Biocompatibility of materials is requisite for use in medical devices. Granted that their surfaces are chemically inert, the use is defined by altered surface chemistry or topography. Traditional approaches involve specialist molecular modifications or immobilisations, for example, polymeric hydrogels or hydrophobic films27,28,29, which can introduce anti-fouling properties. These approaches however do not differentiate between bacterial and mammalian cells and can equally resist the adhesion of both. Alternative strategies offer extracellular protein matrices that can be applied as soft surface coatings selectively promoting human cell proliferation while discriminating bacterial colonization30. Micro-to-nano-scale modulations of mammalian and bacterial cell adhesion by patterning can also have a differential impact on focal-adhesion formations due to differences in cell sizes31. Yet, permanent surface topographies which can be tailored to selectively discriminate cell adhesion and which can be used and re-purposed in one piece, potentially supporting the desired biological activity over long periods of time, are advantageous for implant technologies21. Natural surfaces such as those of insect wings appear to support this rationale with clear preference for physico-mechanical mechanisms of action, independent of chemistry32. In this regard, two types of engineered titania arrays presented in this study, persistent nanowire coverage (brush type) and isolated nanowire pockets (niche type), provide a promising avenue for designing physical patterns on titanium surfaces that are capable of discriminating one cell type, bacterial, from another, mammalian. Because such discrimination capitalizes on the mechanical and morphological, rather than structural or biochemical, properties of adhering cells and because these arrays are readily fabricated using a straightforward process, potential applications are not limited by small surface areas and can be extended to essentially any type of biomedical implants, anti-fouling surfaces or biosensors.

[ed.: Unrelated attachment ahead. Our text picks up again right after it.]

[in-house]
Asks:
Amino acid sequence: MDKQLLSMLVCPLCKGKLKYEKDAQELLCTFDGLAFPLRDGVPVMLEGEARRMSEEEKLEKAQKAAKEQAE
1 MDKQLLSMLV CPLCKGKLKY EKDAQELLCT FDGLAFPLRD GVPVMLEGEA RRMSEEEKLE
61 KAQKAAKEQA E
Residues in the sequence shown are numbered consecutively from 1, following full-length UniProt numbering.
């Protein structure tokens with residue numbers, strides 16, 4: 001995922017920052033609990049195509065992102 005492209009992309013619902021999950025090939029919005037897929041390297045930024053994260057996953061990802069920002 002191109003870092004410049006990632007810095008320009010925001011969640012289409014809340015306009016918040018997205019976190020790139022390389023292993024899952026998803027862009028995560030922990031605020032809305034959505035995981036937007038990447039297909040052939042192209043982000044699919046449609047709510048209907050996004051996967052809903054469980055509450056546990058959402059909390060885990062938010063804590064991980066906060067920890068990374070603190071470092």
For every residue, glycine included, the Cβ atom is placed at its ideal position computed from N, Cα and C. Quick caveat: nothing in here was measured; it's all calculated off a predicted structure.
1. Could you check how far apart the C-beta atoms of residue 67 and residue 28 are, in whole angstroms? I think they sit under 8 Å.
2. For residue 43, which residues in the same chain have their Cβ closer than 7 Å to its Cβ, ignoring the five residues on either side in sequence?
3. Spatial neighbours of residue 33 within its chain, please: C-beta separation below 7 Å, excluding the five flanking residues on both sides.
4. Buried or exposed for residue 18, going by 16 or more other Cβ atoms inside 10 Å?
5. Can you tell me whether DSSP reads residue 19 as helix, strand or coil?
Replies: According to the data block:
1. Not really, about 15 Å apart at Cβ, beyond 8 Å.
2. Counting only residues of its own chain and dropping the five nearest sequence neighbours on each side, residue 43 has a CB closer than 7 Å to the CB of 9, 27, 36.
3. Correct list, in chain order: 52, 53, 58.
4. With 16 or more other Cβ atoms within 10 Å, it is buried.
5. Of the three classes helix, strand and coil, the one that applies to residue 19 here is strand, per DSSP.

Hydrothermal titania nanowire surfaces